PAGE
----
Cowering from nothing and accompanied by a dauntless commitment to secure a new home, a 16-year-old Ali Wako entered Isiolo town from his native Marsabit. Inhibiting the rise of laziness and self involvement prevalent among some of the youth of his generation, Wako began stabilizing his life. Luck guided him to an unoccupied land and without delay, Wako declared it his. Responding cautiously to the intimidating obstacle of being in a foreign land, he wittingly waited for the consequences of his bold action. When he found none, Wako began constructing a mud house with an iron-sheet roof and checked shelter off his survival list. 

 

The next task was going on an arduous quest of financial stability in order to place food on the table. From the ages of 16 to 27, Wako oscillated between gruelling odd jobs as a hired part-time farmer and a turn boy. Persevering in the midst of toil and trouble, Wako managed to survive. As he fulfilled his own self-preservation, he felt the need to sacrifice for others. Wako found a local girl, equally willing to form a family. Within a year, they got a child and with this, Wako was in charge of feeding three mouths.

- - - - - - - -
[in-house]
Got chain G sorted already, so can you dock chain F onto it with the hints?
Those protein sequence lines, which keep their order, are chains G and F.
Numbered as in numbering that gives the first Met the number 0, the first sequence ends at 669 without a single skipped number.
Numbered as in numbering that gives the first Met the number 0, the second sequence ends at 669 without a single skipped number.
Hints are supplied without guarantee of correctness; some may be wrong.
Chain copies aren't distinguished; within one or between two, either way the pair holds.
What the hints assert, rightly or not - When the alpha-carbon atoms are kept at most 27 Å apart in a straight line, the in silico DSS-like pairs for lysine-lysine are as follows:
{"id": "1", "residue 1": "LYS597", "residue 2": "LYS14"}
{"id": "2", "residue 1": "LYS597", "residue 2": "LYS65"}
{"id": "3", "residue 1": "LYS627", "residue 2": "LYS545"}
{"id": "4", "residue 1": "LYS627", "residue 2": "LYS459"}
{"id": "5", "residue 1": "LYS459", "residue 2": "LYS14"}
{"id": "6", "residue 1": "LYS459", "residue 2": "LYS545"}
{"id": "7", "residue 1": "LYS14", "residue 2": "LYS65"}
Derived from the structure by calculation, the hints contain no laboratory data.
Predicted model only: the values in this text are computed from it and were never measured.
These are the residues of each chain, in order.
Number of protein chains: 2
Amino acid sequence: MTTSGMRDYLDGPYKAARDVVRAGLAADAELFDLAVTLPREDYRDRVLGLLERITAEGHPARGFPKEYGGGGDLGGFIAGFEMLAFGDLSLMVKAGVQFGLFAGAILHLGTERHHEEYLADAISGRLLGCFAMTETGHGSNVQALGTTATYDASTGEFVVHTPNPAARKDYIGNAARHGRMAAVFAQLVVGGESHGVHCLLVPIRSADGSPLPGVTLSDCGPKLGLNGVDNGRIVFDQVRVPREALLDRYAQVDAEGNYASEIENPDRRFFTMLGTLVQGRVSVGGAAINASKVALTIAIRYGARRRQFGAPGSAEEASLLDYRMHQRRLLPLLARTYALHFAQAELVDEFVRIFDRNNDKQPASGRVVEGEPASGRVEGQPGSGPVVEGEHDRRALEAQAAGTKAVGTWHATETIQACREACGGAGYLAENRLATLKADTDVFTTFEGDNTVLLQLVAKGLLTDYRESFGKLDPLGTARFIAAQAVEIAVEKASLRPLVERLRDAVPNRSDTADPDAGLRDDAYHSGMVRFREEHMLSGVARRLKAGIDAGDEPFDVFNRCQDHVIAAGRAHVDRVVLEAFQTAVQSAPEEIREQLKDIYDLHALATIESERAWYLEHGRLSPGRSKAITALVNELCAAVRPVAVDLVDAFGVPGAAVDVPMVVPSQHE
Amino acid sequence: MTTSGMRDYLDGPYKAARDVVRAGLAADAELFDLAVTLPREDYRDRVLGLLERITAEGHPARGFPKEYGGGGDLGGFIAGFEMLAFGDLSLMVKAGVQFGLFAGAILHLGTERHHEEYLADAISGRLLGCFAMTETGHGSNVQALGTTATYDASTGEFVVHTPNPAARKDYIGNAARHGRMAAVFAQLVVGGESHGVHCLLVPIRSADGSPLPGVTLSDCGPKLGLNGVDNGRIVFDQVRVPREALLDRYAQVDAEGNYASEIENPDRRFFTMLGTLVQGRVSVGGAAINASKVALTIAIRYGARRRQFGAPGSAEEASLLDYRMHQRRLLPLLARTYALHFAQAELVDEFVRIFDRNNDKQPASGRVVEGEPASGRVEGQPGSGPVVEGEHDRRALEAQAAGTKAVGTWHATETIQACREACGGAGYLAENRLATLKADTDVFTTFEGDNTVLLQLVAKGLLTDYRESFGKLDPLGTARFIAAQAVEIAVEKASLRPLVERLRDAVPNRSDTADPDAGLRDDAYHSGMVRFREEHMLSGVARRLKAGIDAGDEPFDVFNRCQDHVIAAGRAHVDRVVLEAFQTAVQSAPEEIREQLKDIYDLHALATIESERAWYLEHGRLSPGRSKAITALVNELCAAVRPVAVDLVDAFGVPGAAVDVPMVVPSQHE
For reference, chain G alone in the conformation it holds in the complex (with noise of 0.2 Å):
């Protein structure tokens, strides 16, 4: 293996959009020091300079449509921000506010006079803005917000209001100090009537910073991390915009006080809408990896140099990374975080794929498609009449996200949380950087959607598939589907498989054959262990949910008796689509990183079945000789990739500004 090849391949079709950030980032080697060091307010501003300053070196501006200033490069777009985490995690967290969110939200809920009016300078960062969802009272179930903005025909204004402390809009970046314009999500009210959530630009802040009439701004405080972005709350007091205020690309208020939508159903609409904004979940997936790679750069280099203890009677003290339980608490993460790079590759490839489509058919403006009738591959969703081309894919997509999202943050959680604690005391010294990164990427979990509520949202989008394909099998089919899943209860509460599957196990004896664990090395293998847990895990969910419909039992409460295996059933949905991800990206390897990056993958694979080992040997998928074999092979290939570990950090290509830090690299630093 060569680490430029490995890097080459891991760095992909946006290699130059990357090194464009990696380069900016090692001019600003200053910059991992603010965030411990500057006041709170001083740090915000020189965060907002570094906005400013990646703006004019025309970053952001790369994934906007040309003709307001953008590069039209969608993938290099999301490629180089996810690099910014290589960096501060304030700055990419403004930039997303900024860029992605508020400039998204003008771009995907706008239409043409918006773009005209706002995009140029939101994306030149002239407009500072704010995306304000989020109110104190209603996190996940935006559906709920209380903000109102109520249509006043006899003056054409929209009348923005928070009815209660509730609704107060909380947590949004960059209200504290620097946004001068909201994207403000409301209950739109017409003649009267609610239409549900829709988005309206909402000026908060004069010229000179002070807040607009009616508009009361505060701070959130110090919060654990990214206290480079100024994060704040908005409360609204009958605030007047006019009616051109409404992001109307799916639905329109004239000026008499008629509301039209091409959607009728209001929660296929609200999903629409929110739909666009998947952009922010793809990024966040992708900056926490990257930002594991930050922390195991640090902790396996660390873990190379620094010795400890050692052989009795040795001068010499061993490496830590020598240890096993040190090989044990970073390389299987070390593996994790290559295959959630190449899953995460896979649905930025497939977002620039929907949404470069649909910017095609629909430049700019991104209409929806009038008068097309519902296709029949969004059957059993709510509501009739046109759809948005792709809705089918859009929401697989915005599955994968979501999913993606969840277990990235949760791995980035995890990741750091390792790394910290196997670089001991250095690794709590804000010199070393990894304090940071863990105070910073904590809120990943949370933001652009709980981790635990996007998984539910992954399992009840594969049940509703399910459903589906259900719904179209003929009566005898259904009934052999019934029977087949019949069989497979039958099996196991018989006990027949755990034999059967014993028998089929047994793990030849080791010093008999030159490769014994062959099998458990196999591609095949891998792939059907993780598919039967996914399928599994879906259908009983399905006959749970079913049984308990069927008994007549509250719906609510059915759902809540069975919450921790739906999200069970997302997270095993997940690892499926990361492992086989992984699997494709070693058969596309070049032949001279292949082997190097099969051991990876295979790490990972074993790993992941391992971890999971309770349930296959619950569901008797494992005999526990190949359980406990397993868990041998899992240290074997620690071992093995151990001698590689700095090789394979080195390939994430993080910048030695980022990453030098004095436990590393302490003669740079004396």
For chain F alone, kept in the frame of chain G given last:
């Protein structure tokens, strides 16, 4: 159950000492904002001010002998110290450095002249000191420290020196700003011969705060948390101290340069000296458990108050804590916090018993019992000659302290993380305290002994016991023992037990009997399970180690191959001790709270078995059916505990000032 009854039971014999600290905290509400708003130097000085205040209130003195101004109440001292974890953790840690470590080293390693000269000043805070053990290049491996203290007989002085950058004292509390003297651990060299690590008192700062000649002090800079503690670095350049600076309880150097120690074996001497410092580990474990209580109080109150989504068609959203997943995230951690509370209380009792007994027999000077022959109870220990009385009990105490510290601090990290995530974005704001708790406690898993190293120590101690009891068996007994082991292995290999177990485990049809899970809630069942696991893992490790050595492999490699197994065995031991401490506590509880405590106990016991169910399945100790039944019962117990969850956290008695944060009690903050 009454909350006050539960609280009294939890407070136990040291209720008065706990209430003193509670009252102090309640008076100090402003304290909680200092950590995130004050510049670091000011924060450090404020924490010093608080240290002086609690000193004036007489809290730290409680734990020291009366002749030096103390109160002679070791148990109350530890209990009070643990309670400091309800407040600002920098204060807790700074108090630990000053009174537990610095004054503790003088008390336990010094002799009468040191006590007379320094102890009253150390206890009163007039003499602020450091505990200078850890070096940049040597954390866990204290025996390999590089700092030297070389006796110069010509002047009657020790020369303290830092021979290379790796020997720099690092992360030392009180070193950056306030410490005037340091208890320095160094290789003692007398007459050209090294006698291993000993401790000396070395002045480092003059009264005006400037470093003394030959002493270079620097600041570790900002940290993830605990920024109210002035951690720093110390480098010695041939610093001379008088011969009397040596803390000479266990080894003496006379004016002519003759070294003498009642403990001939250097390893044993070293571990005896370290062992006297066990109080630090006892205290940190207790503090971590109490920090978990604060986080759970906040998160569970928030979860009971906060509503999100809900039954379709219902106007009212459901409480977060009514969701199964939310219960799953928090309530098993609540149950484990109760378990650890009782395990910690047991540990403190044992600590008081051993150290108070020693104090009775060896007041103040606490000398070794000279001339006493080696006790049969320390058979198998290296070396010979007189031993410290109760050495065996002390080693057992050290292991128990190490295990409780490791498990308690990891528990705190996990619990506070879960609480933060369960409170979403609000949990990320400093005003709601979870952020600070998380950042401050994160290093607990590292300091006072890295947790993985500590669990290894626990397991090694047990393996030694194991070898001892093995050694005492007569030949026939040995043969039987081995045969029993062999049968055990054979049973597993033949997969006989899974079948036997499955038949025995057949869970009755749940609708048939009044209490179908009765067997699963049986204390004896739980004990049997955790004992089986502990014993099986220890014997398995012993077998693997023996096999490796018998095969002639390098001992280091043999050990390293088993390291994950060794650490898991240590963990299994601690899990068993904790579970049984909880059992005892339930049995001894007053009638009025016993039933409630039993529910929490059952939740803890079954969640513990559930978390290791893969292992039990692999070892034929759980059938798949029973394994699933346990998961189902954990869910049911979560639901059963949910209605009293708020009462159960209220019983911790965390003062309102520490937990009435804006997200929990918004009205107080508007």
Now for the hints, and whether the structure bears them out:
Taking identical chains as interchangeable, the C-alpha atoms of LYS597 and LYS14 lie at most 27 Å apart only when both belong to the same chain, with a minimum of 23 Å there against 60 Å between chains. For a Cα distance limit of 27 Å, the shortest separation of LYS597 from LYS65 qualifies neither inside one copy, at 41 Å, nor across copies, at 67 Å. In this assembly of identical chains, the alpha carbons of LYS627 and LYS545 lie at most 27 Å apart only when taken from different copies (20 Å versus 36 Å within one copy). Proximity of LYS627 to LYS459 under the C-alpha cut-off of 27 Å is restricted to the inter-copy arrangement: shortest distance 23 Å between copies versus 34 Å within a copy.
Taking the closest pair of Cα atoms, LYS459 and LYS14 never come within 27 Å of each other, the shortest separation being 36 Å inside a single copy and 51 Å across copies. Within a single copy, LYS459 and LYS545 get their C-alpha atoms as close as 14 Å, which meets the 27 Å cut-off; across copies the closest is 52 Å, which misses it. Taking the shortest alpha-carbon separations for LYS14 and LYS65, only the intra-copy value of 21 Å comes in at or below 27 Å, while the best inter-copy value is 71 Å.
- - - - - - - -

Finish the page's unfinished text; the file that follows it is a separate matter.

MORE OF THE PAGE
Understanding that his efforts needed to exceed normality, Wako travelled to Meru on the off chance of finding a better paying opportunity. He got a job to operate a woodcutting machine at a local timber firm. With a relatively lofty ksh.120 salary in the 1970s, Wako lived adequately.

 

As he was operating the machine one day, Wako felt an unconscious dizziness that stripped all his senses away except for the ability to smell. A fragrance of blood overwhelmed him and as he tried to figure out what was going on, he noted his severed fist on the ground. Alas! He was a victim of a freak accident. His employer mollified him by paying his hospital bill before firing him. 

 

Wako found his way back to Isiolo and in an attempt to diminish the urge to beg, he began herding livestock for the locals in his neighborhood. Up until the late 1990s, Wako engaged in this economic activity before finally giving up.

 

Since then Wako has used the religious brotherhood that bonded him with his fellow muslims to seek assistance. However, with Mama Ibado Charity as his family now, he spends his time following up with local politics and playing poker with his passive peers without worrying about his next meal.